Woody Allen's 'Midnight in Paris' a dreamy souffle
Midnight in Paris is a lark, a souffle, a delightful shaggy-dog story with Owen Wilson as its shaggy hero. What's Wilson doing in a Woody Allen movie about a B-list screenwriter who time-travels from the present to the Jazz Age? Disarming the audience with his wistful joie de vivre, that's what.
Lucky is he who lived in Paris in his youth, thinks Gil (Wilson). Luckier still is he who lived in Paris during the 1920s, an era before digital clocks, when minute and hour hands caressed at midnight, jazz was hot, and champagne flowed like the Seine.
Would that he lived in that Golden Age when Ernest Hemingway hammered out manly phrases on his Royal typewriter, Cole Porter tickled alliterative sonnets from his Steinway, Picasso evoked the eroticism of almond-eyed beauties at his easel, and Gertrude Stein served as the cultural den mother to these frisky, creative cubs.
Alas for Gil, a screenwriter with hair like a strafed cornfield and a heart like that of a pining troubadour, he lives in the present day of digital clocks and laptops. But a guy can dream, can't he? In France with his fiancee, Inez (Rachel McAdams), this self-described "Hollywood hack" and aspiring novelist, this broken-nosed Sleeping Beauty, is awakened by Paris. To mix the fairy-tale metaphor, Gil's party, unlike Cinderella's, doesn't end at midnight. That's when it begins. Because that's when Gil is transported by a two-toned taxi to the Paris of his dreams.
Midnight in Paris is not a perfect movie - as in Julie & Julia one senses its creator's impatience to leave the bleached-out present for the colorful past. But it is warm and effortless, qualities that make it embraceable.
After an unpromising opening montage resembling views of Paris from the tour bus - on your left, the Louvre, ahead that's Montmartre, and to your right, the Place de la Concorde - in shuffle Gil and Inez. He's turned on by the city's creative ghosts; she's turned on by shopping.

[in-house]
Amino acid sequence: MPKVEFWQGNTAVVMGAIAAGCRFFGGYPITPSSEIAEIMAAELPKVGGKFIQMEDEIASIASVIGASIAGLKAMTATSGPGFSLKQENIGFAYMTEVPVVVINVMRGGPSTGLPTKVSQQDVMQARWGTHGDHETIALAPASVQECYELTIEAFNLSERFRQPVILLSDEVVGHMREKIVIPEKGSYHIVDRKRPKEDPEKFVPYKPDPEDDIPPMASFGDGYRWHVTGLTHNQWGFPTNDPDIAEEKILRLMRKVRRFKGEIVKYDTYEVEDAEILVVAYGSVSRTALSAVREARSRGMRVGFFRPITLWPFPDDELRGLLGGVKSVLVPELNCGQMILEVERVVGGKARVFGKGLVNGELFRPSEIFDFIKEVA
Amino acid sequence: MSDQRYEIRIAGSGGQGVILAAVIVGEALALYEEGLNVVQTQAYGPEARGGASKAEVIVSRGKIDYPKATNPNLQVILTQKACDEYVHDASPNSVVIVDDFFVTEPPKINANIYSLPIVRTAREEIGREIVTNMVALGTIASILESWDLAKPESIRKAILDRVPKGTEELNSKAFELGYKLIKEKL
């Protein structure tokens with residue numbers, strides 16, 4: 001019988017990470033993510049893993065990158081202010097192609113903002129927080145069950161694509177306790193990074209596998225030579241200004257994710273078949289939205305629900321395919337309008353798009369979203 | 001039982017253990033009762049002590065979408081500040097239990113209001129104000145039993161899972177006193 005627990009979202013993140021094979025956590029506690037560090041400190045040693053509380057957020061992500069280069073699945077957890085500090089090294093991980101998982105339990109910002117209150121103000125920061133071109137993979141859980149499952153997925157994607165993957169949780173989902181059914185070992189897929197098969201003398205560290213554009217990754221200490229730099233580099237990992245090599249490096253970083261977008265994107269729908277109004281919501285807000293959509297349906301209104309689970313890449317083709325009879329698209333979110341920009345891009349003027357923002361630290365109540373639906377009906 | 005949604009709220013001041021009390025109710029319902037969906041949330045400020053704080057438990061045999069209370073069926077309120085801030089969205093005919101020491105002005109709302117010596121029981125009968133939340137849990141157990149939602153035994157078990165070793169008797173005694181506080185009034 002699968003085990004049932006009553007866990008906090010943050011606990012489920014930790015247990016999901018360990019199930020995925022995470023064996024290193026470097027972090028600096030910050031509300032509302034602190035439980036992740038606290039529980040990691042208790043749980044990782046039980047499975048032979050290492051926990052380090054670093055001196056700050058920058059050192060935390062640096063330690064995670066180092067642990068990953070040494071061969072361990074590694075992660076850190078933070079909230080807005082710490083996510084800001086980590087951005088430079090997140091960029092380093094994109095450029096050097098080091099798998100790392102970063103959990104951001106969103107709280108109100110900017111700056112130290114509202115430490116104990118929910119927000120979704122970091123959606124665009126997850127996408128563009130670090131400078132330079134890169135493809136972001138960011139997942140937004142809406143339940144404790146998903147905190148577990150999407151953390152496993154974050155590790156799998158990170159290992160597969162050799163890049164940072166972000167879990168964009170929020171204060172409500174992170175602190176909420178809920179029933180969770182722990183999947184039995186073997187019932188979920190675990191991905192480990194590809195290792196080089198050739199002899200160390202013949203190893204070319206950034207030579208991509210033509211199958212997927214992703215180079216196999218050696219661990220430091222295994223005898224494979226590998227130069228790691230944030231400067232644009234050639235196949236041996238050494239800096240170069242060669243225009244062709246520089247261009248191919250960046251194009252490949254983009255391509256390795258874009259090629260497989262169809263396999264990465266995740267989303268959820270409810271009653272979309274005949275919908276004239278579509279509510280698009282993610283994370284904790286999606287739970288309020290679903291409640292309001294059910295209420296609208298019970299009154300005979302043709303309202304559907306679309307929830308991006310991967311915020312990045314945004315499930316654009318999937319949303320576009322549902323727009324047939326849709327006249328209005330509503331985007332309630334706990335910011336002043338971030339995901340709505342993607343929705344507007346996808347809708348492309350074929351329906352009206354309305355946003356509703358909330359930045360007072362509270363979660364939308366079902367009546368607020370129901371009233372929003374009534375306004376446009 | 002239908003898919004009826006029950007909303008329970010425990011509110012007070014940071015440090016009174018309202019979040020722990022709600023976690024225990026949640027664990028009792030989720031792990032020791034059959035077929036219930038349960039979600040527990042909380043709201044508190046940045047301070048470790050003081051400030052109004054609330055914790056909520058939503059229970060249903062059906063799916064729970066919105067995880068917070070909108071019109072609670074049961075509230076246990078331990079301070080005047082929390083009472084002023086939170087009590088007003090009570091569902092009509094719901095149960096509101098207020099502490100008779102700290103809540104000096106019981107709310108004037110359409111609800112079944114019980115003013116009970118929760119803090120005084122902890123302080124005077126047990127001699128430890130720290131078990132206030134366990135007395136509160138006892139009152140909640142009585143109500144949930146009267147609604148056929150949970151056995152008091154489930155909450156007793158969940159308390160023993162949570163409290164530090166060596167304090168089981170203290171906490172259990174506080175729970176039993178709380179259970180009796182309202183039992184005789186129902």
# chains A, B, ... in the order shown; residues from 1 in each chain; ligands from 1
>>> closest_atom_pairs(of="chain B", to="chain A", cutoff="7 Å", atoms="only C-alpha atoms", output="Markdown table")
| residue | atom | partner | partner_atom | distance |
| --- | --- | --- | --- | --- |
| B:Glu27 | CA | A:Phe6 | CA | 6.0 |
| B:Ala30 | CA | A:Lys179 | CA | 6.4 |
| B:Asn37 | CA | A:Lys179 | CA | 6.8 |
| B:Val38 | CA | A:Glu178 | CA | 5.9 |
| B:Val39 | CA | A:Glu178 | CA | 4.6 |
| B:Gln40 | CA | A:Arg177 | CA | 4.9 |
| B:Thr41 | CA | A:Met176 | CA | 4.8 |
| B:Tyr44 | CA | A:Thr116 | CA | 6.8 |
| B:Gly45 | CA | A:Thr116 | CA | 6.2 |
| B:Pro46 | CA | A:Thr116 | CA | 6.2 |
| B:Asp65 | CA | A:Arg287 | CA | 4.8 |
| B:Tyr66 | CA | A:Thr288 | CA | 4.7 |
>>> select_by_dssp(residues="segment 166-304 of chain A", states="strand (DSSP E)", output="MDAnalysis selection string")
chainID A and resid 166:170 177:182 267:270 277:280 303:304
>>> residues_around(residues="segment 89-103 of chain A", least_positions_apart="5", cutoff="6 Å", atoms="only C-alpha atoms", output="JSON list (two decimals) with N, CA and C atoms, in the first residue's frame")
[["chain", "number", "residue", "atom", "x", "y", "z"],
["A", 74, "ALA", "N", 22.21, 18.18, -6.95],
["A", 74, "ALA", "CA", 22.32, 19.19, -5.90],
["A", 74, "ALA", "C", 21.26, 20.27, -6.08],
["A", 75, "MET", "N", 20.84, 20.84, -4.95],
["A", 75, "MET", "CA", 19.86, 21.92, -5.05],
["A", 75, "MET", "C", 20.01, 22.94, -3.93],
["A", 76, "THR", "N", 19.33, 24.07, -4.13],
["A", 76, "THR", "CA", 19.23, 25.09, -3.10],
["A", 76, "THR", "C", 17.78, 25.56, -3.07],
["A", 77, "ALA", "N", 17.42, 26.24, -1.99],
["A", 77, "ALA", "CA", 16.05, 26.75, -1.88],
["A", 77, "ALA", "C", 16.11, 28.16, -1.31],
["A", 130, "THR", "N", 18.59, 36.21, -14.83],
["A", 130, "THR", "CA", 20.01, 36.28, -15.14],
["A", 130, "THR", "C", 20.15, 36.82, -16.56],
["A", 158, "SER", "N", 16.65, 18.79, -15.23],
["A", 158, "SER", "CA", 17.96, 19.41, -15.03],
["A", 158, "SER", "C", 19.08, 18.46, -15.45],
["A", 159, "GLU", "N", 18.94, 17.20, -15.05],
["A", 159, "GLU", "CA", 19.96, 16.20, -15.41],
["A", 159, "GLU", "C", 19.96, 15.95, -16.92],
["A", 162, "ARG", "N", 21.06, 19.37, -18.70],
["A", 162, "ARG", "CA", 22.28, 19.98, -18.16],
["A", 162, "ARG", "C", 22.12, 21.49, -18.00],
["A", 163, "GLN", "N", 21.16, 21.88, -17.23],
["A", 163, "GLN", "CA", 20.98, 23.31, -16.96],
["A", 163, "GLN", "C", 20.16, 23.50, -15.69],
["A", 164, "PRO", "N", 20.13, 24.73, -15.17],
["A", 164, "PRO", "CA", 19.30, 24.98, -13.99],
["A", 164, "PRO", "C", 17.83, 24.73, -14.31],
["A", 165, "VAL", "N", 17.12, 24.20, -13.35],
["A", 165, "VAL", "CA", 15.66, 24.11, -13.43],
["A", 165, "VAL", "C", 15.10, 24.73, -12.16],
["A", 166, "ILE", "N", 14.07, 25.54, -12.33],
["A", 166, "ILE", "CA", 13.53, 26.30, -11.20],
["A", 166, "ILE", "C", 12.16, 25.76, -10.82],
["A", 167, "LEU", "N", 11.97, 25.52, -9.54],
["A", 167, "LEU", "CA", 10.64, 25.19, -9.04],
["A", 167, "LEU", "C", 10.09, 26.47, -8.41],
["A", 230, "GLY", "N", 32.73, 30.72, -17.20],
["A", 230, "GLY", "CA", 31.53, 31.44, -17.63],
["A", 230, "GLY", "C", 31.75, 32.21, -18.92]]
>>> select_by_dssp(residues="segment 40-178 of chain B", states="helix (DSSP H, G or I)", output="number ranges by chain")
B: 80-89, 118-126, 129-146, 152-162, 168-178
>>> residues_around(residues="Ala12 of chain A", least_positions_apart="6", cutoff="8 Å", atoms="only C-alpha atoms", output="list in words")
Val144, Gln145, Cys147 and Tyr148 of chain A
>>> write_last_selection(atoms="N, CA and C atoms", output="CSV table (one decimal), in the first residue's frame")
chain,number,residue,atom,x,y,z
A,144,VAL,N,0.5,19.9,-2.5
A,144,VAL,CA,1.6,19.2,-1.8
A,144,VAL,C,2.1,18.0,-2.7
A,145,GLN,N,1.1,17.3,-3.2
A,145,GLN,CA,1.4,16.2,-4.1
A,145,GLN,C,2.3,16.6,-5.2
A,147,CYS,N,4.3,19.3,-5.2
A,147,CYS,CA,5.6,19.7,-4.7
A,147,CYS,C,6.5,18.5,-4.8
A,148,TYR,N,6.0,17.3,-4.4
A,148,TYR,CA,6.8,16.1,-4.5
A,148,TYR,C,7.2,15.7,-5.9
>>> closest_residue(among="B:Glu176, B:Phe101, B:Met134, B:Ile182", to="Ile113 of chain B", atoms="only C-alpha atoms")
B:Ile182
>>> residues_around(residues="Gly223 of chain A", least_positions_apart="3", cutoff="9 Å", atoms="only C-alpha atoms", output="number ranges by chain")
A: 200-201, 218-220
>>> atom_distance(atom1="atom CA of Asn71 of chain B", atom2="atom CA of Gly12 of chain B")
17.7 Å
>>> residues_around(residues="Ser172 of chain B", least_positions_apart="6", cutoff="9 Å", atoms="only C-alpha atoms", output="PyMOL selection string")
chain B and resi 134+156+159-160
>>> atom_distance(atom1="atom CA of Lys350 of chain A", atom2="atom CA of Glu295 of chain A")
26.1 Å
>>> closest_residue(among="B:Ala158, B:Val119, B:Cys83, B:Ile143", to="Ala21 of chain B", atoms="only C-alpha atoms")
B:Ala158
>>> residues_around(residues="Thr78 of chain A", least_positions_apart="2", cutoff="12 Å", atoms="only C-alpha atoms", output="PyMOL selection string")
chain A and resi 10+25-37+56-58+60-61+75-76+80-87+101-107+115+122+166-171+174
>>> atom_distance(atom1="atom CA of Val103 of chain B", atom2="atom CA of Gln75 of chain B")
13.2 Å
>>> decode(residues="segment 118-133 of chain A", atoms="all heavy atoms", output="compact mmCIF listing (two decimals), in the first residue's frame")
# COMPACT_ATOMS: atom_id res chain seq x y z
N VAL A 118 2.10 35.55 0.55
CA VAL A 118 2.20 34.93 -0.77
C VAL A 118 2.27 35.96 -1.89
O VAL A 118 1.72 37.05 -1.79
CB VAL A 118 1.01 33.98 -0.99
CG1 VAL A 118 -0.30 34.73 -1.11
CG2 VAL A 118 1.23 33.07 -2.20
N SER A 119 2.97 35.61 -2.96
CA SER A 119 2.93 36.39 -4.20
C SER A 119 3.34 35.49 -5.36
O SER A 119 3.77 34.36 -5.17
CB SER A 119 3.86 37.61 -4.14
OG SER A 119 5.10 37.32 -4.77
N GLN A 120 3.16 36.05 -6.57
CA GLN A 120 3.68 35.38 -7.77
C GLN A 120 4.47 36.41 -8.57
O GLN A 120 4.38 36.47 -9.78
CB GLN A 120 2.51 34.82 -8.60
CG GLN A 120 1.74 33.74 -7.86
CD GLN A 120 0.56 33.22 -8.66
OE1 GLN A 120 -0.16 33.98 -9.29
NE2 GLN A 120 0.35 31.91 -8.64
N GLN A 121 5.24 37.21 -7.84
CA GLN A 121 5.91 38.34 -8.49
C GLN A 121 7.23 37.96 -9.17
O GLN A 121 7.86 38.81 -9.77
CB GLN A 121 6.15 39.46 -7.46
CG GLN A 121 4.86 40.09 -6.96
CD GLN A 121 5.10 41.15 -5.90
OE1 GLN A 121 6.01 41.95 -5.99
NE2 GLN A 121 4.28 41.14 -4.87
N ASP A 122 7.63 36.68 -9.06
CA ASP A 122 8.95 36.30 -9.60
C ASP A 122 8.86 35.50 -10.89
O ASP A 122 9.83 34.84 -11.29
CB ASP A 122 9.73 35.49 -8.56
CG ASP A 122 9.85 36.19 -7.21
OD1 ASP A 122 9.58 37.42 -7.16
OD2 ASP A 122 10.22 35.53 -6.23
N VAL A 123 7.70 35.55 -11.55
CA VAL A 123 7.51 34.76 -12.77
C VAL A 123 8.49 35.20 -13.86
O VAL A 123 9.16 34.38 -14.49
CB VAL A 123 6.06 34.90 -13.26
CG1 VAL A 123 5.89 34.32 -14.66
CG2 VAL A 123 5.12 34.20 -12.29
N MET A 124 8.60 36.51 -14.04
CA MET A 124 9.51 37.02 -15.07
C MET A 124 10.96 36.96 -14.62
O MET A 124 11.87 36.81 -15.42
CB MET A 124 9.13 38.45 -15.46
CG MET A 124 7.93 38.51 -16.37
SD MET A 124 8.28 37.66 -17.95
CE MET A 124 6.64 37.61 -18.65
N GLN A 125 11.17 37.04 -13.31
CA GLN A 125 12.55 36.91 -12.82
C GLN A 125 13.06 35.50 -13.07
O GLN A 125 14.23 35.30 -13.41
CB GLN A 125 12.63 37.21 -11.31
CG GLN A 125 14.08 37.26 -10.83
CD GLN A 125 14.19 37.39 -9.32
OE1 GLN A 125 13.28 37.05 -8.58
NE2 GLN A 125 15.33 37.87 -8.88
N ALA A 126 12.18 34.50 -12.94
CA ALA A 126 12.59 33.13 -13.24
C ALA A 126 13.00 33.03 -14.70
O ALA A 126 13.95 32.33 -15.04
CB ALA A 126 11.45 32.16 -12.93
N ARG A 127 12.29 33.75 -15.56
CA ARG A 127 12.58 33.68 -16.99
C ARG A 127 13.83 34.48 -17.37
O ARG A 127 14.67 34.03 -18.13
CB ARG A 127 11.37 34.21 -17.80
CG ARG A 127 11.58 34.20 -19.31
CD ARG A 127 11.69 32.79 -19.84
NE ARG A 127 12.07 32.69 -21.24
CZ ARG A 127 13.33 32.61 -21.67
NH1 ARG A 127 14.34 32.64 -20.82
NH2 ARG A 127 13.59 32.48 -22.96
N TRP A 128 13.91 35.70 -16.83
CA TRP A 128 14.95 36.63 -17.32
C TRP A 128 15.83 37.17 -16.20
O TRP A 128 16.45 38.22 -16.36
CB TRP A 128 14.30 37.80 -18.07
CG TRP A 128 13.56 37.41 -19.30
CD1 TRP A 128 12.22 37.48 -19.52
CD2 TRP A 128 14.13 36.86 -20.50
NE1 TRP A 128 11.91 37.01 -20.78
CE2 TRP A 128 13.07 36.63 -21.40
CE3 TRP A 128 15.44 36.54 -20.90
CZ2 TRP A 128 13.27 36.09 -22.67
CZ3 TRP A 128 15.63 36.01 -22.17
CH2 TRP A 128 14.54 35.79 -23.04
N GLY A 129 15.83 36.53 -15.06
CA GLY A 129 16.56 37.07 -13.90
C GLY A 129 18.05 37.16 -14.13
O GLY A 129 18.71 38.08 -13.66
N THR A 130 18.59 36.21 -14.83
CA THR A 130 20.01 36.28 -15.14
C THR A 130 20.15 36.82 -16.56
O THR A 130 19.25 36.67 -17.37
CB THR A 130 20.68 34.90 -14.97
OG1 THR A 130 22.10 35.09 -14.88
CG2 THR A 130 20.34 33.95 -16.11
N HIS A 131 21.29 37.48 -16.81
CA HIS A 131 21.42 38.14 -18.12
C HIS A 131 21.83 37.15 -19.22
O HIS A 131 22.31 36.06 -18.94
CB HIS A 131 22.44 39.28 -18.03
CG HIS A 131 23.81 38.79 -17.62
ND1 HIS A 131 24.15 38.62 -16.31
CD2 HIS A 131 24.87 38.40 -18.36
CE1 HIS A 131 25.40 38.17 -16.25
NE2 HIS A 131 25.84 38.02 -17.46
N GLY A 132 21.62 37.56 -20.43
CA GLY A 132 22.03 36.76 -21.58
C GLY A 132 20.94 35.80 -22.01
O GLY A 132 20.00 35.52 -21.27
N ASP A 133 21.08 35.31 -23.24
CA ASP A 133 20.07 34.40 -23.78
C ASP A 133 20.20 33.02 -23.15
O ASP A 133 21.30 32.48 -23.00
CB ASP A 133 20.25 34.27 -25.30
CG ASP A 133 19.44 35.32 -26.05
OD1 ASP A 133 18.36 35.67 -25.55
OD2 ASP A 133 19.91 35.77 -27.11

Inez is also turned on by Paul (Michael Sheen), her know-it-all former professor, a pedant who diagnoses Gil's problem: Inez's fiance, he says, suffers from "Golden Age thinking," denying the present by indulging in fanciful dreams of the past.
That novel Gil is writing? It's about a man who owns a nostalgia shop. One night while roaming the streets and outlining his next chapter, Gil hears the chimes of midnight when he's invited into a taxi by Americans in 1920s costume. Their names? Scott and Zelda, the latter played by the loopy beauty Alison Pill.
Those who can place the names of these American expats will enjoy Midnight in Paris more than those who cannot. But even one who doesn't know Gertrude Stein from Dora Maar or Luis Buñuel from Salvador Dalí can enjoy the enchanting premise of the film in which Gil befriends his cultural gods before their ascent to Olympus, and gracefully navigates the gulf between their time and his own. (As does cinematographer Darius Khondji, whose modern-day Paris is harshly overlit and whose old-time capital has the tomato-reds, ceruleans, and blacks of a cubist painting.)
During his midnight rambles among American and Spanish expatriates in Paris, Gil meets the ravishing Adriana (heartstoppingly beautiful Marion Cotillard). To paraphrase a line from Allen's similar-themed The Purple Rose of Cairo, Gil has just met a wonderful new woman. She lives in a different era, but he can't have everything.
While the heady Adriana is more Gil's soul mate than the materialistic Inez (one of Allen's more shrewish creations), something comes between Gil and his new friend that's harder to get around than an 80-year time difference. That something, and how to apply it to life, is the epiphany of Allen's improbable and surprisingly satisfying film about lost illusions and dreams fulfilled.